There are two main types of Ramon spectrometer namely the dispersive and the Fourier Transform (FT) types (Henson & Lowry, 2006). The best one to use depends upon what samples need to be analyzed.
Raman spectroscopy is being used in numerous fields including the pharmaceutical, the carbon and diamond industry, material science, gemology, geology and mineralogy and in forensic science (http://www.renishaw.com/en/raman-spectroscopy-applications--6259 accessed at 13:45 on 28/4/2010). It is so widely used that it even has a journal called the ‘Journal of Raman spectroscopy dedicated to articles relating to the use of this technique (http://www3.interscience.wiley.com/journal/3420/home accessed at 7:02 on 28/4/2010). In this essay, the focus will be on the pharmaceutical industry. Raman spectroscopy is used in drug design, development, formulation and in the manufacture chain. However, the focus as of now will be on how Raman spectroscopy aids in drug development. Numerous examples will be provided to illustrate cases where this technique was used effectively in the development of various drugs.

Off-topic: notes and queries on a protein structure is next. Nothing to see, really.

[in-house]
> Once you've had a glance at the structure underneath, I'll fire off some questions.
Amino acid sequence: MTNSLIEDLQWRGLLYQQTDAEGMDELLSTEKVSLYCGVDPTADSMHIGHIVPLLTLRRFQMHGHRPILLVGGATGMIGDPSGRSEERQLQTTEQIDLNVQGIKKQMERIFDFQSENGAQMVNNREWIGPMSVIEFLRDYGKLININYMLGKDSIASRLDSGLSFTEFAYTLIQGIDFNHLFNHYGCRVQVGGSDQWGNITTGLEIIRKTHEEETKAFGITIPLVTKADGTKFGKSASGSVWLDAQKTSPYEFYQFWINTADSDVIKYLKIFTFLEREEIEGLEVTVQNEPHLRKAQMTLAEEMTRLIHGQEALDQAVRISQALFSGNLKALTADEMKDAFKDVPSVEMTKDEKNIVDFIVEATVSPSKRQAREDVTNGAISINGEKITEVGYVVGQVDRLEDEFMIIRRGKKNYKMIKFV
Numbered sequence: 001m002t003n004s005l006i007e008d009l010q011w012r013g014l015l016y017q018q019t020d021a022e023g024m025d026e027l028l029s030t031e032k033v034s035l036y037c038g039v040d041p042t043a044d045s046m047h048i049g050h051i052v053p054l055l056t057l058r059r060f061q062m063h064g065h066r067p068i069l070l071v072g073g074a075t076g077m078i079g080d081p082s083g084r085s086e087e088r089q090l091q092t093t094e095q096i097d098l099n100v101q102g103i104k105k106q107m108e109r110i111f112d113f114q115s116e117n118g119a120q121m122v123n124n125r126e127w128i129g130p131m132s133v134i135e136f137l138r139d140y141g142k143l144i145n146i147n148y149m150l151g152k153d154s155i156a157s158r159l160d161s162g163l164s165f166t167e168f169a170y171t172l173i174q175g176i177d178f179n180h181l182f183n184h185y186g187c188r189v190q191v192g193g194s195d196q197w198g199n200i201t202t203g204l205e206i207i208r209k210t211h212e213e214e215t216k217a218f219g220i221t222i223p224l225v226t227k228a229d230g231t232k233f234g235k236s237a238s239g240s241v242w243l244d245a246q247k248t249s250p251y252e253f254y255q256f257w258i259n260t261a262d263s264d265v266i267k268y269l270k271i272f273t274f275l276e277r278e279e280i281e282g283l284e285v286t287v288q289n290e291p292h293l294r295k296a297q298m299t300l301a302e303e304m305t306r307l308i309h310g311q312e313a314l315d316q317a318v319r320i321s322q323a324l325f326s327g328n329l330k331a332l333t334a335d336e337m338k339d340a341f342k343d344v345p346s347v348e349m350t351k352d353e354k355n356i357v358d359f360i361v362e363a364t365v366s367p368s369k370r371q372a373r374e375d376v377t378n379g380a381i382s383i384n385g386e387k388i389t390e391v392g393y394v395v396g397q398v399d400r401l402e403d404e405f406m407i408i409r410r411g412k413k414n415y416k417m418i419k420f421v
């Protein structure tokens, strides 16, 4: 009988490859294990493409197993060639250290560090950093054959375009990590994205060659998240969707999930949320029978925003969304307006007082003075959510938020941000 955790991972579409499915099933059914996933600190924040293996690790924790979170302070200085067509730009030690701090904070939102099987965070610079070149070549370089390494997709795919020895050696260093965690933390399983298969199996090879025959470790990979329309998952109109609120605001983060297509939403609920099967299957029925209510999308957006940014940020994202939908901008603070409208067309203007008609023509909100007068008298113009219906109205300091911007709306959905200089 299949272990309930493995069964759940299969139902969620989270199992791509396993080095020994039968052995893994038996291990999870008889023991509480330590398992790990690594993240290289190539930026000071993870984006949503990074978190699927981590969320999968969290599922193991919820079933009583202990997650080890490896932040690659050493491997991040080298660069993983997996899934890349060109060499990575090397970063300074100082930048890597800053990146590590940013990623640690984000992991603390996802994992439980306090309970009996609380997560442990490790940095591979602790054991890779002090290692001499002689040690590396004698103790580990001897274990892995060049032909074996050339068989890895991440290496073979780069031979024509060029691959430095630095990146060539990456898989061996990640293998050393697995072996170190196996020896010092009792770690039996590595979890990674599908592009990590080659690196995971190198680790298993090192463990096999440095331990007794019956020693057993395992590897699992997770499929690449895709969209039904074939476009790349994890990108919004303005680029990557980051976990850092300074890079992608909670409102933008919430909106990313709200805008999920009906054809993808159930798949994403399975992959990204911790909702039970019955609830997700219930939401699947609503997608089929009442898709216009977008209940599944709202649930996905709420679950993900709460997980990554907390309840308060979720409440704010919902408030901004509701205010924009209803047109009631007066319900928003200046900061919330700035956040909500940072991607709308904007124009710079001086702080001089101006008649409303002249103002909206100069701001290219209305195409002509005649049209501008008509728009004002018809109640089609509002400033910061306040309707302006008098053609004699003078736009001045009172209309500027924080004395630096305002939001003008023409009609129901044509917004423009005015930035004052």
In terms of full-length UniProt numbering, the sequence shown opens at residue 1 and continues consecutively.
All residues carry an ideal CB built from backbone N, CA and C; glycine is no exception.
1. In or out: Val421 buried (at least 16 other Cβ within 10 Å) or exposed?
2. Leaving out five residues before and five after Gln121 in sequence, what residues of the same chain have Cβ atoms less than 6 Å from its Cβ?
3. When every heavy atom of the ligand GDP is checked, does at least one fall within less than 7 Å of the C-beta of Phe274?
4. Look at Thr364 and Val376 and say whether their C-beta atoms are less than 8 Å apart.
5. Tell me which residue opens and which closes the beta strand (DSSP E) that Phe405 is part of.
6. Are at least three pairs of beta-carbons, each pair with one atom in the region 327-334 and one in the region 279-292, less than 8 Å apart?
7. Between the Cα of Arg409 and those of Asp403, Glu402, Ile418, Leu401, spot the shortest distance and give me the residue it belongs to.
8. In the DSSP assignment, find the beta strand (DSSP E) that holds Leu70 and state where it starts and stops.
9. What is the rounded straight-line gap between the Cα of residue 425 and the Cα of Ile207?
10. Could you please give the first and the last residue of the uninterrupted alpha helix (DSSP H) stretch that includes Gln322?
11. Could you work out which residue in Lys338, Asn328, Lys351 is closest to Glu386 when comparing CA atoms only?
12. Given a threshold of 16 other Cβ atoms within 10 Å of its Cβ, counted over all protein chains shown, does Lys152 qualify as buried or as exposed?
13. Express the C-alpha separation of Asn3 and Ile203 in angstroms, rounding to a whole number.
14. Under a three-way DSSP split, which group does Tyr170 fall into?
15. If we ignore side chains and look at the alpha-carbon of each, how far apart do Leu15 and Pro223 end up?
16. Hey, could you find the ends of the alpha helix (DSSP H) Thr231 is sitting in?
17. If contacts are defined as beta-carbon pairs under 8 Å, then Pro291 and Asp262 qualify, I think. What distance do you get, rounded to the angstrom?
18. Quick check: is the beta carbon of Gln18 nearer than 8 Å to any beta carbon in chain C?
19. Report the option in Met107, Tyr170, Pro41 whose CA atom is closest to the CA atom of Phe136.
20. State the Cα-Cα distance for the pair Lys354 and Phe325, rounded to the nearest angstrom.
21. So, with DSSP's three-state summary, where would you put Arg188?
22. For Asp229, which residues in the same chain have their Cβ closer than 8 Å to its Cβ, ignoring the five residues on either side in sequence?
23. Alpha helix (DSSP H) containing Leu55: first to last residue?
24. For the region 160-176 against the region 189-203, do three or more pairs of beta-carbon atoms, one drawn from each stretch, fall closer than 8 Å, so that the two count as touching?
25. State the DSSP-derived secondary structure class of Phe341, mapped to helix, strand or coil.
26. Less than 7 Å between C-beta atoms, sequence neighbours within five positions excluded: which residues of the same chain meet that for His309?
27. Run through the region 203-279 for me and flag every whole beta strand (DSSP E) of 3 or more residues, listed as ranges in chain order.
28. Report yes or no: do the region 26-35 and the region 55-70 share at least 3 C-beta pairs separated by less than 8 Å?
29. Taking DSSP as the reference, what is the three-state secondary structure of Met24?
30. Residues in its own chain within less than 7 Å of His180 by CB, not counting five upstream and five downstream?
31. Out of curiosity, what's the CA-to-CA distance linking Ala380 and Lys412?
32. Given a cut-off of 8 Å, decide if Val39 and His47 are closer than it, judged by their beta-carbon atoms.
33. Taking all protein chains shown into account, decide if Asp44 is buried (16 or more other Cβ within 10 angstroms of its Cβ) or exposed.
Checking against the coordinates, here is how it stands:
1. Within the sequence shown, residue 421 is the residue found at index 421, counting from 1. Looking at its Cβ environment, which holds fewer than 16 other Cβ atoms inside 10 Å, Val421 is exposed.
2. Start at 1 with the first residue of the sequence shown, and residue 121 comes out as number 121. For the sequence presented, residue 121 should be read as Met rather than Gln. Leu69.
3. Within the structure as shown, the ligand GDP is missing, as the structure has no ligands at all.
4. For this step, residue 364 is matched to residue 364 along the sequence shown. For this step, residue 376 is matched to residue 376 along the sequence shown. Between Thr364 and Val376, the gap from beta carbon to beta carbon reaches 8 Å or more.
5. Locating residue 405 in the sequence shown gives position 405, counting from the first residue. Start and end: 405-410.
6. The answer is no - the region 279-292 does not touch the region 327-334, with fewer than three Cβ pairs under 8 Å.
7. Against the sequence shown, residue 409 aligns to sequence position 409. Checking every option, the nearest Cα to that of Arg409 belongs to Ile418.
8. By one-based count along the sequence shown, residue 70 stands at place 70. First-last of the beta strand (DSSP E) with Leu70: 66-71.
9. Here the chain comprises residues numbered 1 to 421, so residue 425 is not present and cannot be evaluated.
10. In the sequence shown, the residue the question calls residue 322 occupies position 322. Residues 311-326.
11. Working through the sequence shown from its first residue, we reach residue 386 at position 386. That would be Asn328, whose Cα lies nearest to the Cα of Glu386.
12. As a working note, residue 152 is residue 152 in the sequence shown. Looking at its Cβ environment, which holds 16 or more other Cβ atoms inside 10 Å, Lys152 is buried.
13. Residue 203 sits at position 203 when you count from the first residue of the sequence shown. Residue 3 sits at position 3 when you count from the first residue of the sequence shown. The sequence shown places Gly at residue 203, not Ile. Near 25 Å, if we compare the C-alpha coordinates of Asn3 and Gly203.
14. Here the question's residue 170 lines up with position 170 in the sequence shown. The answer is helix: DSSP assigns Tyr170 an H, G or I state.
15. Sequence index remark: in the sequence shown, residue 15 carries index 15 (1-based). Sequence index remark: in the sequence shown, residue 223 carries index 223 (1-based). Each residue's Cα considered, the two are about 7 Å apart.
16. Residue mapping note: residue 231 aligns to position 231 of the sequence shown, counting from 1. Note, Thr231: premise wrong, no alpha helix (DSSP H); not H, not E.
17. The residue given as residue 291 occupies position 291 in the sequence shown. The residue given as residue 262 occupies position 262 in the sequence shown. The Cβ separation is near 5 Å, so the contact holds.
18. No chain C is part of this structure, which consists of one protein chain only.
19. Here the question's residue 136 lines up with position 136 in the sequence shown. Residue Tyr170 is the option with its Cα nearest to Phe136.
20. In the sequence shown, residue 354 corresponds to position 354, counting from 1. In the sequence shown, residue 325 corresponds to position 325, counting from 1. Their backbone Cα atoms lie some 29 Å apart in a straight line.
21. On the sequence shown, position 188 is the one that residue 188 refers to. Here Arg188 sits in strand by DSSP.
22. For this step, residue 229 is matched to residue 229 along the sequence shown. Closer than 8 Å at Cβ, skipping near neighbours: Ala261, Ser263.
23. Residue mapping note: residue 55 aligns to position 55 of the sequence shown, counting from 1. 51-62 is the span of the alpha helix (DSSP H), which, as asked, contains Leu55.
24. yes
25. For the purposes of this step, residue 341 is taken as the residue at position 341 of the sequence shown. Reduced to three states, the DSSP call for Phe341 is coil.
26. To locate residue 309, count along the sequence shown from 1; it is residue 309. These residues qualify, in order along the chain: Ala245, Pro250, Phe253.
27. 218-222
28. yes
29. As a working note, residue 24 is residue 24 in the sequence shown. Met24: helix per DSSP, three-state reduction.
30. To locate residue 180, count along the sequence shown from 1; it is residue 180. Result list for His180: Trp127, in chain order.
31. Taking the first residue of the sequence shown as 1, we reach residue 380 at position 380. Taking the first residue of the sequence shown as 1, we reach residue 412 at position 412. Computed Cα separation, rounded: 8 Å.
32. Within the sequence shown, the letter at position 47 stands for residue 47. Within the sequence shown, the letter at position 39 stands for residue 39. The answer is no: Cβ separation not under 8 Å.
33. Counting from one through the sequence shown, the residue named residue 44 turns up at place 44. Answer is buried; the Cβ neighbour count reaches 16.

One of the main applications of Raman spectroscopy in the development of drugs is in the analysis of polymorphs (Henson & Lowry, 2006). Polymorphs are compounds that exist in more than one crystalline form and can be differentiated based on dissimilarities in their physical and chemical properties (Henson & Lowry, 2006). Maintaining control of the polymorphic stage of a compound is essential to development of drugs due to the differences in the different states (Hassan et al, 2008). A good example of this is in the case of a drug called Salmeterol Xinofoate which is used in the treatment of obstructive airway diseases. This drug exists in two forms, I and II of which I is stable and II is not as stable. The commercial drug which is